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Ninja Lanternshark is the New Creep of the Deep

If you’ve got “ninja,” “shark” and “Benchley” (as in the author of “Jaws”) in your name, you must be one creepy fish. A newly-discovered species of shark accepted the challenge and definitely lives up to its name.

A Spanish deep sea trawler searching the waters of the Pacific Ocean off the coast of Central America found some strange-looking sharks in a catch in 2010. The specimens were taken to the Pacific Shark Research Center, which is part of Cal State’s Moss Landing Marine Laboratory in Moss Landing, California. There, the strangest of the sharks was assigned to graduate student Victoria Vasquez who had experience in shark ecology.

Victoria Vasquez identifying a Ninja Lanternshark

Victoria Vasquez identifying a Ninja Lanternshark

Vasquez first determined that this small (.5 meters or 18 inches long) deep sea dweller looked like it was a member of the lanternshark family, a species never before seen in Central American coastal waters. These unusual sharks have green-glowing bioluminescent organs that can serve a number of purposes – attracting lanternsharks of the opposite sex, turning fish lured to the warm glow into lunch, keeping the school together in the black depths of the ocean or helping the fish to blend in with the dim sunlight from above when observed from below.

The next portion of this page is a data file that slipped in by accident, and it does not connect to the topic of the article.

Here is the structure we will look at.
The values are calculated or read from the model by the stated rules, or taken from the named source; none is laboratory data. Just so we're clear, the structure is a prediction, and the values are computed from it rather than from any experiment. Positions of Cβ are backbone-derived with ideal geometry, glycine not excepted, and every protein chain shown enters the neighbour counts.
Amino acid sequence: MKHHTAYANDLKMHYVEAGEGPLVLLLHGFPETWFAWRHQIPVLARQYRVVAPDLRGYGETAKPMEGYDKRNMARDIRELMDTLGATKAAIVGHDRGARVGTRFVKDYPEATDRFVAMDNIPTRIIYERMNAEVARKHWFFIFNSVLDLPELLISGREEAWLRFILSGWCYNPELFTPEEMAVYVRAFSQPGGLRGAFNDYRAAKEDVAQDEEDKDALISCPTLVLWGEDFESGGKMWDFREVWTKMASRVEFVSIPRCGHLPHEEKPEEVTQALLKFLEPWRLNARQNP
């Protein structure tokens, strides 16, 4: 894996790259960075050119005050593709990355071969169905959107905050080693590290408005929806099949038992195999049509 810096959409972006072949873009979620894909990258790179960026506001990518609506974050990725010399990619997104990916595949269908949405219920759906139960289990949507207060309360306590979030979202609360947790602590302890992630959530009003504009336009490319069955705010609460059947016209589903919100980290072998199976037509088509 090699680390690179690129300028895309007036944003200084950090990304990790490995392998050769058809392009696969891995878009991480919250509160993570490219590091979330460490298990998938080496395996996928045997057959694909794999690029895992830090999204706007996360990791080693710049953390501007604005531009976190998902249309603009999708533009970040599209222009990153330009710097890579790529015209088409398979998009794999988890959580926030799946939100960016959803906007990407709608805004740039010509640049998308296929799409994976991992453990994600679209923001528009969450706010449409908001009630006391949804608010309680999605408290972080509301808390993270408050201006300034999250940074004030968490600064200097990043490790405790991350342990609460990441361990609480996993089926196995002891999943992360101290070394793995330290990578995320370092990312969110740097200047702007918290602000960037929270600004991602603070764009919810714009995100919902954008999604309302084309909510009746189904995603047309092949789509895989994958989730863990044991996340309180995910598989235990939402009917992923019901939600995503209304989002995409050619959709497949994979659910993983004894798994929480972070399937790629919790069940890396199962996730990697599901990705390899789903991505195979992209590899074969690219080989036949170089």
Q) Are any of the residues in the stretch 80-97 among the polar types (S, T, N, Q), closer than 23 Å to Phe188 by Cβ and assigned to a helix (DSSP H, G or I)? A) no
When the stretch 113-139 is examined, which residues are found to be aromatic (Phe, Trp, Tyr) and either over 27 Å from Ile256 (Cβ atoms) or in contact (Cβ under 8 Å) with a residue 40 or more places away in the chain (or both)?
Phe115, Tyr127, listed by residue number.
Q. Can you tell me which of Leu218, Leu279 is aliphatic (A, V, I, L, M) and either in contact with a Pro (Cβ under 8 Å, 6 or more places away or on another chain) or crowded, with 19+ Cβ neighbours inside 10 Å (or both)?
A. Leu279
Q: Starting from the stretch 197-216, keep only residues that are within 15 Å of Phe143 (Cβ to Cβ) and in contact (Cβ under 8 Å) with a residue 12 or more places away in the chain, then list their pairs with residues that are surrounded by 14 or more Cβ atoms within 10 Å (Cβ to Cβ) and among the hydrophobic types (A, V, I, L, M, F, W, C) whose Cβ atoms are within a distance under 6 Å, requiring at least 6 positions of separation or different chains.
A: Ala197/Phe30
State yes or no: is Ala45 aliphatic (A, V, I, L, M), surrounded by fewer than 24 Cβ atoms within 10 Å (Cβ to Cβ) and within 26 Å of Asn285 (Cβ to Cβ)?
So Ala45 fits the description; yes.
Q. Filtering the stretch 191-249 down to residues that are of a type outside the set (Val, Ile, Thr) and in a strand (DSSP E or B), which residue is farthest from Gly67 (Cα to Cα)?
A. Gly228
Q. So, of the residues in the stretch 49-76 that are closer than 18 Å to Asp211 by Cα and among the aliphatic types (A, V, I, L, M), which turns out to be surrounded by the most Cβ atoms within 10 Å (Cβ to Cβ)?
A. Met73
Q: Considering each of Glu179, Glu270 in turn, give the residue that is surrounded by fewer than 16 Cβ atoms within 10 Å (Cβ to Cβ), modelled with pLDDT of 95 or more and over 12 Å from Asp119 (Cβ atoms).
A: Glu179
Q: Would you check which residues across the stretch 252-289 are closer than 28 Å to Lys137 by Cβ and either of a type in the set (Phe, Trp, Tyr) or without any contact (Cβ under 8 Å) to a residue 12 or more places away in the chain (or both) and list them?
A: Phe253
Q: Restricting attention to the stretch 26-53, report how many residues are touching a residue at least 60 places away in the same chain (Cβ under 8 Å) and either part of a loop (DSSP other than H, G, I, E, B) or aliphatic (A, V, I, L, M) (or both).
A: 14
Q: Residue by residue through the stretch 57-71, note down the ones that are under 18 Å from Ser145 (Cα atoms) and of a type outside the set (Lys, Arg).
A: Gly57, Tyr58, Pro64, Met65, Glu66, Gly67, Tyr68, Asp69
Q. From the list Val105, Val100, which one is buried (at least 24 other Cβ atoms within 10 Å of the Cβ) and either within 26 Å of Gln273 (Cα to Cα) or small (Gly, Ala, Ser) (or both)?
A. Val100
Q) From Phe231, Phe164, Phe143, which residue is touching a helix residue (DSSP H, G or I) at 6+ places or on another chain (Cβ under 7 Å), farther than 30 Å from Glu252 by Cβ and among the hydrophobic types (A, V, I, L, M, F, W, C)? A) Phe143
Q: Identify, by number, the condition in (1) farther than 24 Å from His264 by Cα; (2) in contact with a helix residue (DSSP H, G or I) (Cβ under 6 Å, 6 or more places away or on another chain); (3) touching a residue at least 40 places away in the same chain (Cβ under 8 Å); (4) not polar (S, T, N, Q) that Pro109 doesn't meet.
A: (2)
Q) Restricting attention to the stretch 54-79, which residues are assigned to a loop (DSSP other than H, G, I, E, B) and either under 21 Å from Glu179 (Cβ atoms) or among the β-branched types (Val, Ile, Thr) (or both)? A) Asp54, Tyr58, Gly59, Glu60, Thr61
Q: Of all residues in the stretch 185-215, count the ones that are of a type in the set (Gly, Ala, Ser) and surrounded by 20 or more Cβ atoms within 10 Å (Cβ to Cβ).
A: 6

A glowing velvet belly lanternshark

A glowing velvet belly lanternshark

While this species had the glow of the lanternshark, it also had something else never seen before in the species – pitch-black skin. That seemed to allow the shark to turn off the lights and completely disappear in the surrounding black water. According to Vasquez’s report in the current edition of the Journal of the Ocean Sciences foundation, that trait identified this as a new species of lanternshark … which meant she got the honor of giving it a name.

Four views of the Ninja Lanternshark

Because the lanternshark doesn’t get the kind of attention great whites or tornado-lifted sharks get, Vasquez decided to name it Etmopterus benchleyi after “Jaws” author and noted shark and ocean conservationist Peter Benchley (Etmopteridae is the lanternshark family name). Vasquez asked her younger cousins for a suitable nickname for a pitch-black fish that can suddenly disappear into the darkness and they came up with Ninja Lanternshark.

Now all it needs is a “Rudolph the Red-Nosed Reindeer”-type song. Nathan the Ninja Lanternshark?

Nathan? I like it!

Nathan? That’s MY name!